But this approach means Excel is the only medium people have to connect different data sources into a single platform that can allow executives to play with inputs, and see the potential impact of say, if LIBOR goes up by 50 basis points or management fee compression, or whether they exit an investment now, as opposed to three years later. People can do these forecasts, but it’s in a highly siloed, manual and resource intensive environment.
What’s the danger of those silos, or even simply relying on Excel, as so many in the industry have done for such a long time?
JB: These silos create an enormous potential for human error, as they’re built from scratch and incredibly labor intensive, often with people inputting data by hand. Then there’s the human capital questions. What if the one person responsible for that model leaves the firm, or in the covid era, has to take a leave of absence to help care for a loved one or themselves? We’ve already seen a lot of that this year. These models are built by very smart folks, but if only one person has the Rosetta Stone to use them, how resilient is that system?
BM: This slower, labor intensive process can also erode a firm’s competitive advantage. GPs should look at where their staff are spending their time. Are they devoting hours to transcribing data from portfolio companies? Are they busy just building the basic quarterly reports? Because there are tools that can automate this kind of data collection and management, leaving more time for higher level analysis. Even if the current process is working well, a peer may not be wasting the time and resources on this kind of administrative effort. And that can end up jeopardizing a firm’s competitive advantage, as other firms get their forecasts even faster, and can act on that information sooner.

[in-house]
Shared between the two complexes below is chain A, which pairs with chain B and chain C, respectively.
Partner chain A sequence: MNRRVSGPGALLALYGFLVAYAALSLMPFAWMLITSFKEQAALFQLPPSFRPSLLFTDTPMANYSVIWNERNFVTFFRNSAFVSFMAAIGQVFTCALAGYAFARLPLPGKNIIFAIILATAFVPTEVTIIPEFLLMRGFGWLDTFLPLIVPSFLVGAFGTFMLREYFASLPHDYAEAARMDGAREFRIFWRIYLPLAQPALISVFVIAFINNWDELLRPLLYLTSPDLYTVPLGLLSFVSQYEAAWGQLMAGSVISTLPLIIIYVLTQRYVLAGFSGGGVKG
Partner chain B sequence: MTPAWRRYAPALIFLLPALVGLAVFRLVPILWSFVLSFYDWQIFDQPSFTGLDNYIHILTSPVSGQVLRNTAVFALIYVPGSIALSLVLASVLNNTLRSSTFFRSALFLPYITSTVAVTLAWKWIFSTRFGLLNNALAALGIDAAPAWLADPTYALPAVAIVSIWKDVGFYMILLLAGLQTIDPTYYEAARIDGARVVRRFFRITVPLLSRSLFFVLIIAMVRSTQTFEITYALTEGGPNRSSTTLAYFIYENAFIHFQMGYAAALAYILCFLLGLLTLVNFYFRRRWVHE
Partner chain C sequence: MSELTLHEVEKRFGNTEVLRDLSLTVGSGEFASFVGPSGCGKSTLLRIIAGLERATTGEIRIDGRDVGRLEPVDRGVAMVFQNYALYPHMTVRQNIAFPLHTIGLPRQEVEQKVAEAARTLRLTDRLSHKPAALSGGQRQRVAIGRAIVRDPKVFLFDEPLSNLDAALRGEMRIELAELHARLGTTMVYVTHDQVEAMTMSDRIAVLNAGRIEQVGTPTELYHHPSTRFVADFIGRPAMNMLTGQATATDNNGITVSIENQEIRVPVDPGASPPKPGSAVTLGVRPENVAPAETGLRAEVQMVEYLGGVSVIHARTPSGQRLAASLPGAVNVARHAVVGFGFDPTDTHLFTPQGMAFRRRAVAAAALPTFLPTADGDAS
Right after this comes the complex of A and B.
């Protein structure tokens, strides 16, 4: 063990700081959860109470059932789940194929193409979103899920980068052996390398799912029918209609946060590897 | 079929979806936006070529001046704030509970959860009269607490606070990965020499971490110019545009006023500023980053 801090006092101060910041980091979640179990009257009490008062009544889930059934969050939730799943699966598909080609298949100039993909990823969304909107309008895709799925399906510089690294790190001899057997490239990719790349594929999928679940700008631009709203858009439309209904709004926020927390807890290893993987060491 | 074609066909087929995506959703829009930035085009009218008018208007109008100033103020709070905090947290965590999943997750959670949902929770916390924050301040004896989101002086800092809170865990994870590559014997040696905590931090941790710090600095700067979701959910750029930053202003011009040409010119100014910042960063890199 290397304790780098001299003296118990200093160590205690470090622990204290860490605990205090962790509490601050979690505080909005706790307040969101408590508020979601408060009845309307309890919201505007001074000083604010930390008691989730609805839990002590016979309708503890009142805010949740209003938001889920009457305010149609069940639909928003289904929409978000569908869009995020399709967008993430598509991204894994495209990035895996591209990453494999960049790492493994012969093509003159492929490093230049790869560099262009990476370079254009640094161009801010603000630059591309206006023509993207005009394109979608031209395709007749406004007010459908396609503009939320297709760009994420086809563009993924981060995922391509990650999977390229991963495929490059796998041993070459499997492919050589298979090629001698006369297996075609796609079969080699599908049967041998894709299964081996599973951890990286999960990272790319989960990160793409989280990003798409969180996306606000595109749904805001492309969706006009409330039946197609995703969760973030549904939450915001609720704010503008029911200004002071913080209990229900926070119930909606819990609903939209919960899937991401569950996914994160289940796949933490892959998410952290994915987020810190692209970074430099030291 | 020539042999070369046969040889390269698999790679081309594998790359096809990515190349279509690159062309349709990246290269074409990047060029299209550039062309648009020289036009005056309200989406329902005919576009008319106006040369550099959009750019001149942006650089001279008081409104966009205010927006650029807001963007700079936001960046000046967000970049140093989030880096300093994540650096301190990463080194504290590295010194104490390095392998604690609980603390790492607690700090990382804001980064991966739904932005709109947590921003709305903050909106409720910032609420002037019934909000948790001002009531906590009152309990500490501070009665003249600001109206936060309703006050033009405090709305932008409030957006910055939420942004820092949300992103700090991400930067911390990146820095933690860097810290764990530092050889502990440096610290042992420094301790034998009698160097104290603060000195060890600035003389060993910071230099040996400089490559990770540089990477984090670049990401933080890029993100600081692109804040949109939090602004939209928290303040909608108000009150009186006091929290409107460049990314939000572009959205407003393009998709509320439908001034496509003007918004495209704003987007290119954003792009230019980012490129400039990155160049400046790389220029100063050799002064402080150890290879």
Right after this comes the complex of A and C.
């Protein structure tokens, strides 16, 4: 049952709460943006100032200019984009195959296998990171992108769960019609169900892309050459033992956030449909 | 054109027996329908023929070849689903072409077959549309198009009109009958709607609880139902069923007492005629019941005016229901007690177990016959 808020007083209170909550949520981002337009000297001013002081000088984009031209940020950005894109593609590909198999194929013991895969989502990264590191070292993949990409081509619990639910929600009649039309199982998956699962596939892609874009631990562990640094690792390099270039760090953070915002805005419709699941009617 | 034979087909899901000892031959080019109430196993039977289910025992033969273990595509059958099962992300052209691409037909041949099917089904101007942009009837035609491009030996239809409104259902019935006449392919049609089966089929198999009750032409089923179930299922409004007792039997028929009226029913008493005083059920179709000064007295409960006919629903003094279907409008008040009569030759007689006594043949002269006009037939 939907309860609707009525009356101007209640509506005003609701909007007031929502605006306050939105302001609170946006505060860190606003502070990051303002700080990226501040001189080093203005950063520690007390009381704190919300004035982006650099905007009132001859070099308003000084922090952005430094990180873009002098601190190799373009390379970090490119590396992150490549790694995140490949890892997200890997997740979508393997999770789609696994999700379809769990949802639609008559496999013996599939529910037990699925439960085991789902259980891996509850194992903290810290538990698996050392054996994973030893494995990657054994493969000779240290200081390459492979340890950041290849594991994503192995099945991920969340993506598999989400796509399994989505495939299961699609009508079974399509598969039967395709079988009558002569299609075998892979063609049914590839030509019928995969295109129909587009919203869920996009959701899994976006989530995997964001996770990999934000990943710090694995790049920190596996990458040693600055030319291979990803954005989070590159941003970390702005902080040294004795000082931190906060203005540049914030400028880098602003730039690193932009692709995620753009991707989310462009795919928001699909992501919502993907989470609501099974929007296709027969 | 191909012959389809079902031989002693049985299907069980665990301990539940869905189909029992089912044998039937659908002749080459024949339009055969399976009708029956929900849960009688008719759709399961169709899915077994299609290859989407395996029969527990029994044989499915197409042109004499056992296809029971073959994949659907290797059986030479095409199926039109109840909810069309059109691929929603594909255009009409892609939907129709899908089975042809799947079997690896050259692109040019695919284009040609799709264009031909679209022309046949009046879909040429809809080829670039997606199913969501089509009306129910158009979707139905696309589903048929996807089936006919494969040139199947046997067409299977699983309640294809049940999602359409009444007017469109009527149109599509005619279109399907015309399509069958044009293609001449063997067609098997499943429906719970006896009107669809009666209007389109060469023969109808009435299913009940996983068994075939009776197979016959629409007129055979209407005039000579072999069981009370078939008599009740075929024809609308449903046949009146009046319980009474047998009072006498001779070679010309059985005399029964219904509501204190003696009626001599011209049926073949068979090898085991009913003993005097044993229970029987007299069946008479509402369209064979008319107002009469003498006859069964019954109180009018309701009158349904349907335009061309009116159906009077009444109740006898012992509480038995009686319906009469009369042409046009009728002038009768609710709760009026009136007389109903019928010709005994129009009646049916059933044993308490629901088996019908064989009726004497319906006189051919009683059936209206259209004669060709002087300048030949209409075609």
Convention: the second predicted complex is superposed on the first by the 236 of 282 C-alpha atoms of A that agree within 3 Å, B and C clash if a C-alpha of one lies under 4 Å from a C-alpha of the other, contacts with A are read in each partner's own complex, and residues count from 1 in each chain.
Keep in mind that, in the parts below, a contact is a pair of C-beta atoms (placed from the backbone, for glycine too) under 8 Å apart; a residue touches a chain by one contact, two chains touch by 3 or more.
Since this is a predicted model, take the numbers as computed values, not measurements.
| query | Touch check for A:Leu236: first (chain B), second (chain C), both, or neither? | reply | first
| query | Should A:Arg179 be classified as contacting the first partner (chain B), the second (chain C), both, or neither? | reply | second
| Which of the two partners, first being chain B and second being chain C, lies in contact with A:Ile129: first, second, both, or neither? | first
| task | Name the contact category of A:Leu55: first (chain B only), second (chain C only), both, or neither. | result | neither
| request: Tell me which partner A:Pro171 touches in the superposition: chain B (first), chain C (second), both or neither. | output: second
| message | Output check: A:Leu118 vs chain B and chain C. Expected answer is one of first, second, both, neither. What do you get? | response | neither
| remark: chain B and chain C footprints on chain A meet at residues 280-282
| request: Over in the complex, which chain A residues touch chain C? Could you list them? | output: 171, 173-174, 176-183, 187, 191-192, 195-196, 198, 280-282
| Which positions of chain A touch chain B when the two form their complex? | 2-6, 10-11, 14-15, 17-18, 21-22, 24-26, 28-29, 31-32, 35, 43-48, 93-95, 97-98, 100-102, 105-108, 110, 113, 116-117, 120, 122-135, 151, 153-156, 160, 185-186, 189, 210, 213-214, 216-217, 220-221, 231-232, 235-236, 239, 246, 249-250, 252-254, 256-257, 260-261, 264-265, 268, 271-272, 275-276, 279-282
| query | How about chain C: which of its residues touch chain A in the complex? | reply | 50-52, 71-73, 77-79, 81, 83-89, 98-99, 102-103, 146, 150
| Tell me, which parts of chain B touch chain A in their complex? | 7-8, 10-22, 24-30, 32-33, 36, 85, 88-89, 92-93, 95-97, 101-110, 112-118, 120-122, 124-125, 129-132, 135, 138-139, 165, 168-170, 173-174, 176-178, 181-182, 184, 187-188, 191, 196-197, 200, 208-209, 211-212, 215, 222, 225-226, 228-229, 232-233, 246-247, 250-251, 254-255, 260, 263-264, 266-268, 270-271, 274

That’s why we’ve been developing our forecasting platform, using Anaplan, to build valuation models that connect to the waterfall model, the carried interest allocation model, and then go up to the GP, so a firm can move from an underlying assumption all the way to the top of house, in real time, all without the labor of building an Excel model from scratch over and over again.